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Unread 02-18-2007, 10:51 PM   #1
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Stalin, Hu Ra, and Purim 5713 - lunar and solar dates coincide again this year

Purim 5713 (March 1953):

The Lubavitcher Rebbe tells a famous story at the Purim farbrengen:

In a town in Russia, an anti-Semitic candidate for office was making a speech. Afterwards, the peasants, who were very impressed, began shouting "Hurrah!" The far less impressed local Jews, knowing that "Hu Ra!" means "He Is Bad," begin shouting along with the shkooootzim. And the candidate died.

Meanwhile, in Moscow, 8 hours ahead of New York, it is already March 5, Shushan Purim. Joseph Stalin, the bloodthirsty tzoirer who killed 20 million of his people and made life miserable for Jews, either goes into the final stages of an illness or is poisoned. Stalin does not live out the day (and ******* and Haman, along with Amalek himself, were there to greet him when his putrid neshomo descended to the lowest level of Gehennom).

This year, Purim coincides with March 4 again. Teheran is 8 1/2 hours ahead of New York.

How about a million times "Hu Ra!" for the new Haman, Mahmoud Ahmadinejad ShR"Y?
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Unread 02-18-2007, 10:54 PM   #2
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We are not the Rebbe, and Ahmadinejad is not Stalin.
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Unread 02-18-2007, 11:00 PM   #3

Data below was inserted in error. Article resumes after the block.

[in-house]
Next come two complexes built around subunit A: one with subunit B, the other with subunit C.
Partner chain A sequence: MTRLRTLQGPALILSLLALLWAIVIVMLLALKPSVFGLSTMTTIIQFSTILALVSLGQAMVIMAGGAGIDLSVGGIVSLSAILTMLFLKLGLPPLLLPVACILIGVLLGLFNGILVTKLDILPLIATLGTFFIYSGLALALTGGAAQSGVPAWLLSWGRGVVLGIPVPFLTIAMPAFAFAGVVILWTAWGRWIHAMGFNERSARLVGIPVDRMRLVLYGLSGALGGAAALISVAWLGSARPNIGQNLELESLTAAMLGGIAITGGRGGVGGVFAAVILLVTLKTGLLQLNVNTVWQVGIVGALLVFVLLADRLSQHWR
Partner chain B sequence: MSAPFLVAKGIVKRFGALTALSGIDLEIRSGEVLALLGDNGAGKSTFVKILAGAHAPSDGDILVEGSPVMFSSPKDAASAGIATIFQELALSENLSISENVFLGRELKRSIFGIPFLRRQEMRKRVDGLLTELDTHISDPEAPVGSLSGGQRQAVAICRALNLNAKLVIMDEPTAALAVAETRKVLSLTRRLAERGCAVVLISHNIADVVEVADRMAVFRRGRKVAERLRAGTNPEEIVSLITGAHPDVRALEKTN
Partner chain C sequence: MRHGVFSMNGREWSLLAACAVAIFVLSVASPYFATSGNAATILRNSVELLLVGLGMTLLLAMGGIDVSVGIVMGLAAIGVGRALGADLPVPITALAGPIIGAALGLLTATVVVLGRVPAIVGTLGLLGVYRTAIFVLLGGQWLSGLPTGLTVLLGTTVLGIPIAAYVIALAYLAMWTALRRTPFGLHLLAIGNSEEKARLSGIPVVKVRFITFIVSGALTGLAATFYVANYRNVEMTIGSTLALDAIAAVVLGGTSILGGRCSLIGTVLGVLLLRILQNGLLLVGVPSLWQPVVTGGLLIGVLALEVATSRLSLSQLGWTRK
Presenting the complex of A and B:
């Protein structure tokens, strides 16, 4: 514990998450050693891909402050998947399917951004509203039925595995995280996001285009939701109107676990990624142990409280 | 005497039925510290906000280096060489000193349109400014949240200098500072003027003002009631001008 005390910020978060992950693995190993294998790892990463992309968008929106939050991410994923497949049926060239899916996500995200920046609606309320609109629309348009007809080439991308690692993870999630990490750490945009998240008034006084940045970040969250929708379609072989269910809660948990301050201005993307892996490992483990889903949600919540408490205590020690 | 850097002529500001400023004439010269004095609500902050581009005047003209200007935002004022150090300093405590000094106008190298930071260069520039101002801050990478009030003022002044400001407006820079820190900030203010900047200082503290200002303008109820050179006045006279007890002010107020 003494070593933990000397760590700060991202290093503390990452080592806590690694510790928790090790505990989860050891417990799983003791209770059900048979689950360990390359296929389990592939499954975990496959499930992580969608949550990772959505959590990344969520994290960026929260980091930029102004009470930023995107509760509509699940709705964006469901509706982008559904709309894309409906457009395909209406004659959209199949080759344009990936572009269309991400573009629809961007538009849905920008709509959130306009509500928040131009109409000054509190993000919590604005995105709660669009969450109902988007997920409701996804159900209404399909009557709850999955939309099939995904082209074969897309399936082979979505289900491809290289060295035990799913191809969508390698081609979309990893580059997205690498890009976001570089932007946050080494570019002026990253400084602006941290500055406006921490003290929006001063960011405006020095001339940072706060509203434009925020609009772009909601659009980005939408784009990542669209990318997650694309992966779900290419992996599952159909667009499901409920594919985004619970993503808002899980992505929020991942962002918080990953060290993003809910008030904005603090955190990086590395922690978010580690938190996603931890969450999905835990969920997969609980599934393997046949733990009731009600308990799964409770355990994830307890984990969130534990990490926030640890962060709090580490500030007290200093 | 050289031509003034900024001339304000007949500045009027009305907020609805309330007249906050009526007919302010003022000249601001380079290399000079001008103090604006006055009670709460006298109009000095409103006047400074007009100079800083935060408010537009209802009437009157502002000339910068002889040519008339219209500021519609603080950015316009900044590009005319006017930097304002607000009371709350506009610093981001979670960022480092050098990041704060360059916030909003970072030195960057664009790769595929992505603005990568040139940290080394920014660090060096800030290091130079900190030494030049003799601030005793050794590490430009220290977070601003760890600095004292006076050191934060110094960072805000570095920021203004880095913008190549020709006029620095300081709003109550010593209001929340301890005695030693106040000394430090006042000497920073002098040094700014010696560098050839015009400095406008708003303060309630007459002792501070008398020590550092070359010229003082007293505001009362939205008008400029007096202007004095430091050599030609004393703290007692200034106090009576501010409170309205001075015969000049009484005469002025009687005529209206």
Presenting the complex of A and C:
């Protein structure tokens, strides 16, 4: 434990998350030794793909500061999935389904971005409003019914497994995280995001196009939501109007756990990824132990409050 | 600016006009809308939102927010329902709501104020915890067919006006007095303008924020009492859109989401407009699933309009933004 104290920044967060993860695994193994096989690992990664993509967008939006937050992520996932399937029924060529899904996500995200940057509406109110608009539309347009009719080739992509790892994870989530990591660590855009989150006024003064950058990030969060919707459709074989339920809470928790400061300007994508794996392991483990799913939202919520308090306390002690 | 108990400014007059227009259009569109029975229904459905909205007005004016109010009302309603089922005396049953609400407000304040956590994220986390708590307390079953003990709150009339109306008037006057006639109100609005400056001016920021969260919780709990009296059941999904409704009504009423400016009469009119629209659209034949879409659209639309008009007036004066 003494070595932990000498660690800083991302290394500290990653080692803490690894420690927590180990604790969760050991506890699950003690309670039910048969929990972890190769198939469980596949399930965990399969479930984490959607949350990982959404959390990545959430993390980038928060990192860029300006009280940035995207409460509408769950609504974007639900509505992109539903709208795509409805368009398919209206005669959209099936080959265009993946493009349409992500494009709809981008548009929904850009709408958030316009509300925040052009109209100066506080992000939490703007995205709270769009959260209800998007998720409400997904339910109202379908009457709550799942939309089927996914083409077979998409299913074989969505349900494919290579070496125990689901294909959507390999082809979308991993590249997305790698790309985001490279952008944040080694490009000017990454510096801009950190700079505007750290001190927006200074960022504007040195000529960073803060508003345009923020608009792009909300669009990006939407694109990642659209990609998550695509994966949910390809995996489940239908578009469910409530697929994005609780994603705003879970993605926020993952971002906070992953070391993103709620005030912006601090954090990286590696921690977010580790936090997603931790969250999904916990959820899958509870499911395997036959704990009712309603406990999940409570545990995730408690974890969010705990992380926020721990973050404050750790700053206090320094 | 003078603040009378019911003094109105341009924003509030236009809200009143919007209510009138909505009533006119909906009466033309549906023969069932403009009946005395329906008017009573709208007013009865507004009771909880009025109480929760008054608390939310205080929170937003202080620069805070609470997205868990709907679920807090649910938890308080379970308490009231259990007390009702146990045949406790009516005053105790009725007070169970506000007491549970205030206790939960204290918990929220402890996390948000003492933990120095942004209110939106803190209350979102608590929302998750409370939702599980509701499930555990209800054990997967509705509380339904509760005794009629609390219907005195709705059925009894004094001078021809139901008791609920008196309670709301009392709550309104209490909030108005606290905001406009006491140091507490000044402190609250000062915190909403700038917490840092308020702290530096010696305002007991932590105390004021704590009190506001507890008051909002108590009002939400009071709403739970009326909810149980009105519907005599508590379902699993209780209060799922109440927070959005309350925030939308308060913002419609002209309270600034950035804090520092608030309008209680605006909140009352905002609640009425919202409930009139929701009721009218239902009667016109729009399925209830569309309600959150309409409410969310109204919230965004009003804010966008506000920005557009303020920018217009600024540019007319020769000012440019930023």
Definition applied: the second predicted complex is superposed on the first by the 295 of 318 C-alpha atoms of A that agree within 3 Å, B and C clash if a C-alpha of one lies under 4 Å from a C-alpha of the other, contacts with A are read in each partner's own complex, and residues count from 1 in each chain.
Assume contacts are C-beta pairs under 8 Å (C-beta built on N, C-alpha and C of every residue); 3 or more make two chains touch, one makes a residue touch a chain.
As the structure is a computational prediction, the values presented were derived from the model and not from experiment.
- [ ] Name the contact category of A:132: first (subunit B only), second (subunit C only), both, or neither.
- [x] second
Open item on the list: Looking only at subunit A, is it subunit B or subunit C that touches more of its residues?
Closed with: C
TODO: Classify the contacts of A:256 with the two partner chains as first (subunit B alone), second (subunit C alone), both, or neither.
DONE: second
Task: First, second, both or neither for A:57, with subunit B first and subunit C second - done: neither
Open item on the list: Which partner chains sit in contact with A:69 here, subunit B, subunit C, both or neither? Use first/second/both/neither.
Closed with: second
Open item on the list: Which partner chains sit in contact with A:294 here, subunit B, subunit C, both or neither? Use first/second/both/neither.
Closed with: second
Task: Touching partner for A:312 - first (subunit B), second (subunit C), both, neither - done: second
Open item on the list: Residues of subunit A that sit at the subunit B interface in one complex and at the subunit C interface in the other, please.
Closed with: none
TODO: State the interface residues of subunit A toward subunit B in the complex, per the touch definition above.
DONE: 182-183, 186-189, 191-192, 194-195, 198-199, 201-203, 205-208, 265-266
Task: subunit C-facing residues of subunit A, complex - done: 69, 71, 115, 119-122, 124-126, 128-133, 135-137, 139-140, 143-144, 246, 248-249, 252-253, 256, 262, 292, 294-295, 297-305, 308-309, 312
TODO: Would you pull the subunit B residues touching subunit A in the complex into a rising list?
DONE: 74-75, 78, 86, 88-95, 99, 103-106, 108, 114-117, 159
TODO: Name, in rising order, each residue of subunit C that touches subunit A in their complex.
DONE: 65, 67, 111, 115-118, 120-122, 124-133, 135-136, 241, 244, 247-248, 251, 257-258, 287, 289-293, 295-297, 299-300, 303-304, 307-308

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Ahmadinejad hasn't had the opportunity to become Stalin yet. His plans are similar to those of his long ago predecessor Haman YMS except that he wants to wipe Israel off the map and not harm the Jews in Iran. Depending on who you believe, Russia may just give him that opportunity (I doubt it but I won't get into my reasons as to why).

Nothing wrong with some wishful thinking - the world will be a better place without Ahmadinejad. There are six skunks with beards and payess who apparently enjoyed hugging and kissing the repulsive little tzoirer YMS but I think the rest of us will not cry too much when he peygers.
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Unread 02-18-2007, 11:44 PM   #4
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Quote:
Originally Posted by Bittul View Post
We are not the Rebbe, and Ahmadinejad is not Stalin.
L'chayim at this virtual farbrebgen. True, we are not the Rebbe, but for sure he is Meshamas, and anyway Chassidim at a farbrengen can accomplish even more than the Malach Michoel.
But why stop at Ach-Mad-as a bat-inejad; HU-RA vehem HAPARSAIM HARASHIM- RA.(ROIM) HU RA, HU RA< HU RA!
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Unread 02-19-2007, 07:31 AM   #5
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Quote:
Originally Posted by Bittul View Post
We are not the Rebbe, and Ahmadinejad is not Stalin.
The first half of the sentence is all that matters. even if he is a Haman, since when do we pretend to do rebbeshe zachn. It's part of the same "playing house" mentality that motivates the becher-fillers etc.

By the way, I didn't hear the first half of the Rebbe's story like that.
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Unread 02-19-2007, 08:40 AM   #6
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Not to quibble, but that year Purim came out March 1st...
Obviously some embellishment/fixing of the story took place, but at least get the dates right (and correct the title of this thread)!
[IIRC, they tell a similar story about some Rebbe in EY at the time].